Resort goes starkers
Nivashni Nair | 23 September, 2014 00:11
KwaZulu-Natal residents living close to a beach near the Mpenjati Nature Reserve are divided.
"According to our bylaws, nudity is not allowed. If people want to be nude, I have no problem with it.
"I walk around nude in my house. But when I look at myself in the mirror I think I look like those old naked people on the beach. Everything droops. I don't want to look at drooping boobs and buttocks on our beach," Trafalgar resident Reyna Joubert said at yesterday's public hearing on an application for a legal nudist beach in the area.
Half of the greying residents applauded when Joubert told naturists to "stay in the bushes", and the other half shouted that they wanted to be "naked at this beach".
South African National Naturists Association chairman Athol Lutge told residents of the upmarket seaside suburb and their neighbours, the KwaXolo and KwaNzimande clans, that a stretch of beach near the reserve was already used as an unofficial nudist beach.
He said the association - whose members include neurosurgeons, advocates and even government officials - believed the huge demand for a nudist beach in KwaZulu-Natal, coupled with the favourable weather, would bring international tourists to Trafalgar.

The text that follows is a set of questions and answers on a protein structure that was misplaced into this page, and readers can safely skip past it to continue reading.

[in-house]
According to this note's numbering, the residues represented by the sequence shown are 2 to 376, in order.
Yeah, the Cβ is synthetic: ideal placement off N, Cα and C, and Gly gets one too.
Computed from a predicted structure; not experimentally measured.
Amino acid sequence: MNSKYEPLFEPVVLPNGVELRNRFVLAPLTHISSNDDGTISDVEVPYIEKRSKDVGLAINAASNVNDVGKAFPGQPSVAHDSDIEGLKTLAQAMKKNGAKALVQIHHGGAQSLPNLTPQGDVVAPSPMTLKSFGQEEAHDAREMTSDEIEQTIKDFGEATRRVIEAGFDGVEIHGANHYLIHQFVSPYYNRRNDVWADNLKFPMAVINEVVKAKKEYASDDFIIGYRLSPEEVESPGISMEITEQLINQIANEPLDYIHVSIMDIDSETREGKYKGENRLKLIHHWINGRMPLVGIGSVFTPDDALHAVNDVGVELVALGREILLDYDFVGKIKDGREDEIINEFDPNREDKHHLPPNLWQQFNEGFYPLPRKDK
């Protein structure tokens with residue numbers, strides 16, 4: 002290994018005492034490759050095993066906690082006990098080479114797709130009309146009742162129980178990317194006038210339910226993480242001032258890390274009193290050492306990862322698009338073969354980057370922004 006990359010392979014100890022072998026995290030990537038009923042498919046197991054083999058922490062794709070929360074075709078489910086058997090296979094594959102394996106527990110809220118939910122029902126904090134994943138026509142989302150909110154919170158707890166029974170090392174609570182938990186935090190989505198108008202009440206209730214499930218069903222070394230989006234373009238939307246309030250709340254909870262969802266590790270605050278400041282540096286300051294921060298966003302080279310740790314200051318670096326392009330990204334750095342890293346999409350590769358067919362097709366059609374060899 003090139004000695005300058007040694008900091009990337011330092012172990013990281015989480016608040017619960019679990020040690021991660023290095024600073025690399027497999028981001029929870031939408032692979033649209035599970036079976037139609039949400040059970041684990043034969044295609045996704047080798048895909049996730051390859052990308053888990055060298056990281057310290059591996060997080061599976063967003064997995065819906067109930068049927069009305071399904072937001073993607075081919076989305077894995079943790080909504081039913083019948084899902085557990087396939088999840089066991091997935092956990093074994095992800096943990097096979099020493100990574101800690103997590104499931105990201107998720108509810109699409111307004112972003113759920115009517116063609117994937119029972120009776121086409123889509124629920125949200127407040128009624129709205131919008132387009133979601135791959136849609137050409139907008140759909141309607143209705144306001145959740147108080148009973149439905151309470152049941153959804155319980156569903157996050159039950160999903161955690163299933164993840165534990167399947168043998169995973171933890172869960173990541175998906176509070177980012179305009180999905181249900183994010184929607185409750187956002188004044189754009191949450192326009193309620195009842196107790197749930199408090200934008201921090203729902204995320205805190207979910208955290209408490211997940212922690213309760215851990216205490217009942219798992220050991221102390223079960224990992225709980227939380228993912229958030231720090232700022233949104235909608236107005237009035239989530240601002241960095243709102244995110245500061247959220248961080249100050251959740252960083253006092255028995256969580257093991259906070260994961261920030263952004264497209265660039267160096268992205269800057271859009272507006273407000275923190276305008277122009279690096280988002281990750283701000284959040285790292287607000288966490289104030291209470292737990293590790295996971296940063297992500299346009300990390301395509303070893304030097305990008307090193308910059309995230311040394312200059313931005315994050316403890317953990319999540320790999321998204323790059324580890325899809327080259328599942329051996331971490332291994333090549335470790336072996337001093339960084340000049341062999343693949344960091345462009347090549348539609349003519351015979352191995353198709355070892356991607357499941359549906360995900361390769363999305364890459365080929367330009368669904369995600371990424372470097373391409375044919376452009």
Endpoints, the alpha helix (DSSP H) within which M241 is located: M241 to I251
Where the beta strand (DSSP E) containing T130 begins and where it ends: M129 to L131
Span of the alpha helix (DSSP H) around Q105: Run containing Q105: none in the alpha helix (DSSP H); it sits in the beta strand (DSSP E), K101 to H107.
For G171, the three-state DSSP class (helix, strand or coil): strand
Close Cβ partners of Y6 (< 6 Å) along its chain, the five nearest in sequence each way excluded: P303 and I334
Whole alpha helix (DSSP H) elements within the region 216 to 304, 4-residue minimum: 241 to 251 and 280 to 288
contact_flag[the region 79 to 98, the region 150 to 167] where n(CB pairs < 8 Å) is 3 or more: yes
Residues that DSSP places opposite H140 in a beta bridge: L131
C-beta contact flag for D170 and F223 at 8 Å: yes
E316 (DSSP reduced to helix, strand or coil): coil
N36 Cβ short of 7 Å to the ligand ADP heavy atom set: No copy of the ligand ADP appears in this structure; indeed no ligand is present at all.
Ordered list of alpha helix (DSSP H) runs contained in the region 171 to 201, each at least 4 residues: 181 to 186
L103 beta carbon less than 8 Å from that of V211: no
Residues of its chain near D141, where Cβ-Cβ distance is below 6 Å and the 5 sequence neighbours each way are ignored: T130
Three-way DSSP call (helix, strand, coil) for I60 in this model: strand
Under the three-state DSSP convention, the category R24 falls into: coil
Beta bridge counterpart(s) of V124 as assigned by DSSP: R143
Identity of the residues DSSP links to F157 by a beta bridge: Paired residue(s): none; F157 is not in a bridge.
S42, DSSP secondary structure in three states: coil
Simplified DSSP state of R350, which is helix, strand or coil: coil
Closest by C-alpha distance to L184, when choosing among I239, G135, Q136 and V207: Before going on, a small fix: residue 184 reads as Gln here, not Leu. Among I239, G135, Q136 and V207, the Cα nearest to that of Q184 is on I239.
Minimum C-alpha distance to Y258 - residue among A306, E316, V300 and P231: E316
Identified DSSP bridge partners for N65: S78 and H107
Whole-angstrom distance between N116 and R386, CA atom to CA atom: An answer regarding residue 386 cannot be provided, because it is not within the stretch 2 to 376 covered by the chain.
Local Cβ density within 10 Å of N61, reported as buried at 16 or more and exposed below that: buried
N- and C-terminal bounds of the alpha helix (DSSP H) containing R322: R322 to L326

"Let me say that a nudist beach has nothing to do with sex. That's just crazy," Lutge said.
He said naturism was family-orientated with "oupa and ouma and their grandchildren playing volleyball on the beach in the nude".
Johannesburg grandmother Amanda Foster said her grandchildren enjoyed being in the nude when they visited her.
"I would want to enjoy a day at the beach with my family as naturists. Am I weird because I am a mother and a grandmother who wants to be free and naked on the beach?"
Several residents answered Foster's question with a loud "yes".
Tribal authority representative Thando Ncane said a nudist beach would bring crime to the area because naked beach-goers would be a target for criminals.
But the chairman of Trafalgar's sector policing, Andre van Rensburg, dismissed Ncane's concern, saying criminals "would not descend on a crowded beach".
Resident Mark Davies said a nudist beach could boost tourism, leading to a rise in property values in the area.
Ugu South Coast Tourism CE Justin Mackrory said the South Coast was popular for its family tourism and had not yet caught the attention of international tourists.
Hibiscus Coast Municipality head of community services Sibusiso Nzimande said a team was investigating the status of nudist beaches, the economic spin-offs and the views of the community.
The current bylaws, which do not permit nudist beaches in the area, may be amended after a council resolution.
The application is due to be heard today.